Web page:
We use cookies to ensure that we give you the best experience on our website. By continuing to browse this repository, you give consent for essential cookies to be used. You can read more about our Privacy and Cookie Policy.

Durham e-Theses
You are in:

Electrical properties of various single-wall carbon nanotube networks

JOMBERT, Alice,Stécy (2010) Electrical properties of various single-wall carbon nanotube networks. Doctoral thesis, Durham University.



This thesis investigates conduction mechanisms of covalently and non covalently functionalised single wall carbon nanotube (SWCNT) networks. Unlike previous strategies where diamines were used, a novel route to covalently bridge SWCNTs by organic molecular linkers is proposed. The bridging relies on using modified Sonogashira and Ullmann couplings, which have the advantage of using spectroscopic evidence to ascertain the success of the bridging. Platinum-enriched SWCNTs were produced by coordinating Pt to pyridine ligands grafted on SWCNTs. Networks of covalently bridged SWCNTs, Pt-enriched SWCNTs and their SWCNT precursors were fabricated by vacuum filtration. In addition to these networks, networks of non covalent ly functionalised SWCNTs were built up using layer-bylayer (LbL) deposition. This second approach required the wrapping up of SWCNTs by ionic surfactants to exploit their electrostatic interactions.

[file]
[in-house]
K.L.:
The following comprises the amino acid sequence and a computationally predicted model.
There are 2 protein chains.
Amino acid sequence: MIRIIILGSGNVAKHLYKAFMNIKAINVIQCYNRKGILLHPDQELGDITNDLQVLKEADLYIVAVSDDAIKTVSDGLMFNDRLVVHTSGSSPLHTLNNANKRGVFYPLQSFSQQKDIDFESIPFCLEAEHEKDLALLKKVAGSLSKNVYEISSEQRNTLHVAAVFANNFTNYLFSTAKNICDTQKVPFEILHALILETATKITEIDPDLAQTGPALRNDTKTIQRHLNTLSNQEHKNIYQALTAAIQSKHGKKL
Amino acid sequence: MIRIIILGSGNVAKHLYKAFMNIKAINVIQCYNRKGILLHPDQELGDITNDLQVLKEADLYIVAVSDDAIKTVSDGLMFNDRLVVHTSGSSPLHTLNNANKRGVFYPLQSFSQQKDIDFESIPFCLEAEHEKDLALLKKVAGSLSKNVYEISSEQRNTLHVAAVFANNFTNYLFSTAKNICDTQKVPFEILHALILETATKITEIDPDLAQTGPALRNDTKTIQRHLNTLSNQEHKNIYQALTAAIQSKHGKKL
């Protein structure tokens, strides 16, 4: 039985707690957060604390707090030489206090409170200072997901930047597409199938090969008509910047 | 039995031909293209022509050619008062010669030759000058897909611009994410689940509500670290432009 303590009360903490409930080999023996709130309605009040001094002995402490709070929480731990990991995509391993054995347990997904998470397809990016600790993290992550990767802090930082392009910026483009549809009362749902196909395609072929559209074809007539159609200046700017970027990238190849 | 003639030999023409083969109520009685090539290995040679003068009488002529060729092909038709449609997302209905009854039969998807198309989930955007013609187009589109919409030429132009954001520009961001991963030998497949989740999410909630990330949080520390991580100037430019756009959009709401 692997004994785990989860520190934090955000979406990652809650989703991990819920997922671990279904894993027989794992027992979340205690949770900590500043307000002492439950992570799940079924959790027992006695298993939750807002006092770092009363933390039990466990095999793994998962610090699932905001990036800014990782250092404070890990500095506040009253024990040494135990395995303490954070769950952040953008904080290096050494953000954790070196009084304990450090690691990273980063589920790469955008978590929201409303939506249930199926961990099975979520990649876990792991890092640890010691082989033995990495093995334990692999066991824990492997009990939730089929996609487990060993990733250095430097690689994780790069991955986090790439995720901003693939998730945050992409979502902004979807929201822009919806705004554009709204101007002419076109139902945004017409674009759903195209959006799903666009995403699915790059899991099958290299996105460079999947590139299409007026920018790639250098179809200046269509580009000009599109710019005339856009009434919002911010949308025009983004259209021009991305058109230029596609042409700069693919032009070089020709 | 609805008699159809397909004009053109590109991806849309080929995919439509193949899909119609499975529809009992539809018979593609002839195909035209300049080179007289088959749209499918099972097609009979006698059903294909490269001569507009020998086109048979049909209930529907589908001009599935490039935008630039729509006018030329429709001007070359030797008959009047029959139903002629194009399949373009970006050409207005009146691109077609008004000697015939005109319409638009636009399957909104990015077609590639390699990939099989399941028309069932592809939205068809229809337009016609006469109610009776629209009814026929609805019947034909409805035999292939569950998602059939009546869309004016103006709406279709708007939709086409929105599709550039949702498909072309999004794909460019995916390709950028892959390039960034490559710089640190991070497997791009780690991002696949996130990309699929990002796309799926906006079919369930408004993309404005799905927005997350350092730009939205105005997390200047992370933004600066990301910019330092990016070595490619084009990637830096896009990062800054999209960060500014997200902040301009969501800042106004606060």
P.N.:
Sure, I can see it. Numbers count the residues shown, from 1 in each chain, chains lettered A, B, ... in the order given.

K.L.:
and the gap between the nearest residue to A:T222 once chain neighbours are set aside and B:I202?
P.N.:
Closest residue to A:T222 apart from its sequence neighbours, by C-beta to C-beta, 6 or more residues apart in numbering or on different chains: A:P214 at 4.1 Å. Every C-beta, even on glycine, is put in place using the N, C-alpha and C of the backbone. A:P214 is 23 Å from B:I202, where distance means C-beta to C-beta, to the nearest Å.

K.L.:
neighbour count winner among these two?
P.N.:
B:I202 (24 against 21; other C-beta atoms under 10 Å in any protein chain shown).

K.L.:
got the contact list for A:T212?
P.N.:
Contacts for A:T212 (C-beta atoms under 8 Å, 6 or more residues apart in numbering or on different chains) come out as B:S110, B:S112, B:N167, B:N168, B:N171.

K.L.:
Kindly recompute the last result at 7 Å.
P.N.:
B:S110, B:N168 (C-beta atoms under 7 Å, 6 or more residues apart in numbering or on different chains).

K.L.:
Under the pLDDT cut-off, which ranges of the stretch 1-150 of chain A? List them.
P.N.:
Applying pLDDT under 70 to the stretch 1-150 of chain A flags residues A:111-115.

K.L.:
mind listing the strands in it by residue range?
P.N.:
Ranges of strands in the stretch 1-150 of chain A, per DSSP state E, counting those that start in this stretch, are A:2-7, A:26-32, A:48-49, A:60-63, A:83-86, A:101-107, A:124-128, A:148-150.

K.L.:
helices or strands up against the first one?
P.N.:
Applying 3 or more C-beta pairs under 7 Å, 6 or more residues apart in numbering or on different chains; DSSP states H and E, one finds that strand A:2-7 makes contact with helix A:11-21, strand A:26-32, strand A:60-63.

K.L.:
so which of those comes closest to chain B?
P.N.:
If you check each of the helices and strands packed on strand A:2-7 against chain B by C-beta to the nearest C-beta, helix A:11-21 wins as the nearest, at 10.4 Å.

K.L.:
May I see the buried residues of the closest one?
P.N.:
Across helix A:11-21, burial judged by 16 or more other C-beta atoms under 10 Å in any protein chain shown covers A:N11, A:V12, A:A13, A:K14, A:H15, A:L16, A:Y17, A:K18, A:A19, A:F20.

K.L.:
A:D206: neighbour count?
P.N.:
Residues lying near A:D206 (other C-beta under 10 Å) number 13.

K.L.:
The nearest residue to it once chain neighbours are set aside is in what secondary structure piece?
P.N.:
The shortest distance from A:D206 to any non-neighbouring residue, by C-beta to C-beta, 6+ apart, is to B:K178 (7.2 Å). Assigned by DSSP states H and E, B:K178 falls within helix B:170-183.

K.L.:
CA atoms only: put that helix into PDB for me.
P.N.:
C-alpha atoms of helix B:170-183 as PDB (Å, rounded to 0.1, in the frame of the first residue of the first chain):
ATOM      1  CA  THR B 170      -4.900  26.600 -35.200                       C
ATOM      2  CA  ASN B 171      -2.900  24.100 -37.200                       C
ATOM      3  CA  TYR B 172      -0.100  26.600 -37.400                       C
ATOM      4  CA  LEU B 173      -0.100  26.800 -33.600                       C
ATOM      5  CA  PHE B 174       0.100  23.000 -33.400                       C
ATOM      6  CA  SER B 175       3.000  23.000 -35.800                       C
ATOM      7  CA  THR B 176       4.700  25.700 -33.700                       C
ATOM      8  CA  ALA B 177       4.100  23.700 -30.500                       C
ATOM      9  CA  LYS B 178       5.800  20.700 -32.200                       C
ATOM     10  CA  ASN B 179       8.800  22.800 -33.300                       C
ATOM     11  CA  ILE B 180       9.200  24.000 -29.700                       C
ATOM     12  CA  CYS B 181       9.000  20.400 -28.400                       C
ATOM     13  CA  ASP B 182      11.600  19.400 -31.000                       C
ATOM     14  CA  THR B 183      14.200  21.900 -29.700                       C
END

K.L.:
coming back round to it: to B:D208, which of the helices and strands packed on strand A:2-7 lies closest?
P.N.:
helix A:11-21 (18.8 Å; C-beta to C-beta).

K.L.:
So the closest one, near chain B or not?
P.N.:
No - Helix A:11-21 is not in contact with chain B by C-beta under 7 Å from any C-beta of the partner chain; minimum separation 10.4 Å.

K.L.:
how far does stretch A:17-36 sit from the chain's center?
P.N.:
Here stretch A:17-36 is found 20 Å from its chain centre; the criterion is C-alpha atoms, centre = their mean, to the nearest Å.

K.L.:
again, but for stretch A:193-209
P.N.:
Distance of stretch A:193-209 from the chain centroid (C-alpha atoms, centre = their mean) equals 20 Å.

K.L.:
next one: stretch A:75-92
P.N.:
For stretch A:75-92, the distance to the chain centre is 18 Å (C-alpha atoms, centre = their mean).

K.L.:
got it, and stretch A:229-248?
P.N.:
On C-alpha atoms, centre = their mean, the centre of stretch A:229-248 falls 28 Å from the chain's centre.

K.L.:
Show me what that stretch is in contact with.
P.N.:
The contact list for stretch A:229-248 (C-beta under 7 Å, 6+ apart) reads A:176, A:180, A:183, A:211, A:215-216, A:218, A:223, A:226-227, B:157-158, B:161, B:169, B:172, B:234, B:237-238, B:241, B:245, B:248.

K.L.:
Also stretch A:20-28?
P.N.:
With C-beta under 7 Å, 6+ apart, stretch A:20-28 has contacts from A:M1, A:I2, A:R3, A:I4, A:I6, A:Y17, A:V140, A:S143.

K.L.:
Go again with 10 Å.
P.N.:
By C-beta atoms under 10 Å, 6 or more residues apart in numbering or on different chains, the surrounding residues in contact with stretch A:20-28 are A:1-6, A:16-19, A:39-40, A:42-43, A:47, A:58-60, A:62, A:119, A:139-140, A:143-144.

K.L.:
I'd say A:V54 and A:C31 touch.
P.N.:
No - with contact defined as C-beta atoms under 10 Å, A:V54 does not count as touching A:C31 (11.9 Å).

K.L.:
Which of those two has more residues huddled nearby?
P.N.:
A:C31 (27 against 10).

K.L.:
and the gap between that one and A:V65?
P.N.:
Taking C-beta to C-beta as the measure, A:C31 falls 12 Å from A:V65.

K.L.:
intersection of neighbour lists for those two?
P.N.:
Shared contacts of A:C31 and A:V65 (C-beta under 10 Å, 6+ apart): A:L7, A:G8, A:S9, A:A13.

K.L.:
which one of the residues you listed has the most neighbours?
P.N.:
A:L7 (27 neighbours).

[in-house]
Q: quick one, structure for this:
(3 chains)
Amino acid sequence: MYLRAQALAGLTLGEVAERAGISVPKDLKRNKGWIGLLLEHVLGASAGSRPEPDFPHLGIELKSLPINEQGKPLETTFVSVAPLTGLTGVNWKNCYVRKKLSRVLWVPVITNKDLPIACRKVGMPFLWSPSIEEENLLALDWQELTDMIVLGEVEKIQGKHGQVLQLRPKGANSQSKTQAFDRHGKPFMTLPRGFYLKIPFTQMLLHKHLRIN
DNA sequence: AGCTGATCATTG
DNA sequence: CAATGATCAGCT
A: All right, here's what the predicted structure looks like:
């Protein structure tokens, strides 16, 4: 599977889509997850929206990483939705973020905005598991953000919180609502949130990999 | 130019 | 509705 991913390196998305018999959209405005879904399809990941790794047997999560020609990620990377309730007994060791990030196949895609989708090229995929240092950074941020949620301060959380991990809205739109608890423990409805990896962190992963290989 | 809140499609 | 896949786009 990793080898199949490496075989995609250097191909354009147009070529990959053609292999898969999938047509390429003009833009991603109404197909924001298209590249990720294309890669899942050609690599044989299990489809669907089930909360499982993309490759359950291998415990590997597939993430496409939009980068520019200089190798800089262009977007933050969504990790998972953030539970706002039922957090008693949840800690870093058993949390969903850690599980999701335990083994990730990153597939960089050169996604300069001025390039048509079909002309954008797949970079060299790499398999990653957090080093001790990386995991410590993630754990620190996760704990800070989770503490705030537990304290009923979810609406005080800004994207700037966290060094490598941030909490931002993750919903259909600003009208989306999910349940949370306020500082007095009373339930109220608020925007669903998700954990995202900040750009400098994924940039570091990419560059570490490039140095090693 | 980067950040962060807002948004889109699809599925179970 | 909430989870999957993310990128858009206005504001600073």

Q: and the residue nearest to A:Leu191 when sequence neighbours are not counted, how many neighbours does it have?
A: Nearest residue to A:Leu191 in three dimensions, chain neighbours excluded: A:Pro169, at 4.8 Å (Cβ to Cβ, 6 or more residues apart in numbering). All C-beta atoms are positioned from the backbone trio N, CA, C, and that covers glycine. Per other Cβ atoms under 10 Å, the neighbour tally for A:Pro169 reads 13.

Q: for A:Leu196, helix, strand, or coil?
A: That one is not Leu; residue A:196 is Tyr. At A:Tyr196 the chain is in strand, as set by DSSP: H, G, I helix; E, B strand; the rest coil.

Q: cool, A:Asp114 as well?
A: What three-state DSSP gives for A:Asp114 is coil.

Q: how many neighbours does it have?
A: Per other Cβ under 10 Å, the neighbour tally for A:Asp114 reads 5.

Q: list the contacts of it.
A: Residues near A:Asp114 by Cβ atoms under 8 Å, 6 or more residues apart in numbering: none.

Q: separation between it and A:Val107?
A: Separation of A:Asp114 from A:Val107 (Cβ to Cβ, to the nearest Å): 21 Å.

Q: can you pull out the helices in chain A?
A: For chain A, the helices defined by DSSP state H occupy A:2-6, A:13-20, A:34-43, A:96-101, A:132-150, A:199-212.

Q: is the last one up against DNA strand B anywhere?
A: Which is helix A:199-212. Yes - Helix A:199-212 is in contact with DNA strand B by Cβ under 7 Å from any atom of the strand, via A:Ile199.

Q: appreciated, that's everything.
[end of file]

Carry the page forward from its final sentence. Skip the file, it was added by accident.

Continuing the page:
Electrical properties, such as current- voltage and the current dependence on temperature and electrode separation are discussed for both filtered SWCNT and SWCNT LbL networks. Combined analyses of these characteristics were carried out to identify dominant conduction mechanisms. In this study, a modified quantum tunnelling model was proposed to best describe the in-plane electrical behaviour of the filtered SWCNT networks. As for SWCNT LbL networks, the in-plane conduction was shown to be governed by the Poole-Frenkel mechanisms while direct tunnelling dominates the out-of-plane conduction. Furthermore, the charge storage capacity of cut-SWCNT LbL networks integrated into metal- insulator-semiconductor devices are discussed in view of organic memory device applications.

Item Type:Thesis (Doctoral)
Award:Doctor of Philosophy
Keywords:Carbon nanotube; network; thin film; functionalisation; surfactant ; diazonium radical addition; homo-coupling; cross-coupling; platinum; coordination; molecular linker; molecular bridge; electrical characteristics; conduction mechanism; charge transport; 3D network
Faculty and Department:Faculty of Science > Chemistry, Department of
Faculty of Science > Engineering and Computing Science, School of (2008-2017)
Thesis Date:2010
Copyright:Copyright of this thesis is held by the author
Deposited On:04 May 2010 12:27

Social bookmarking: del.icio.usConnoteaBibSonomyCiteULikeFacebookTwitter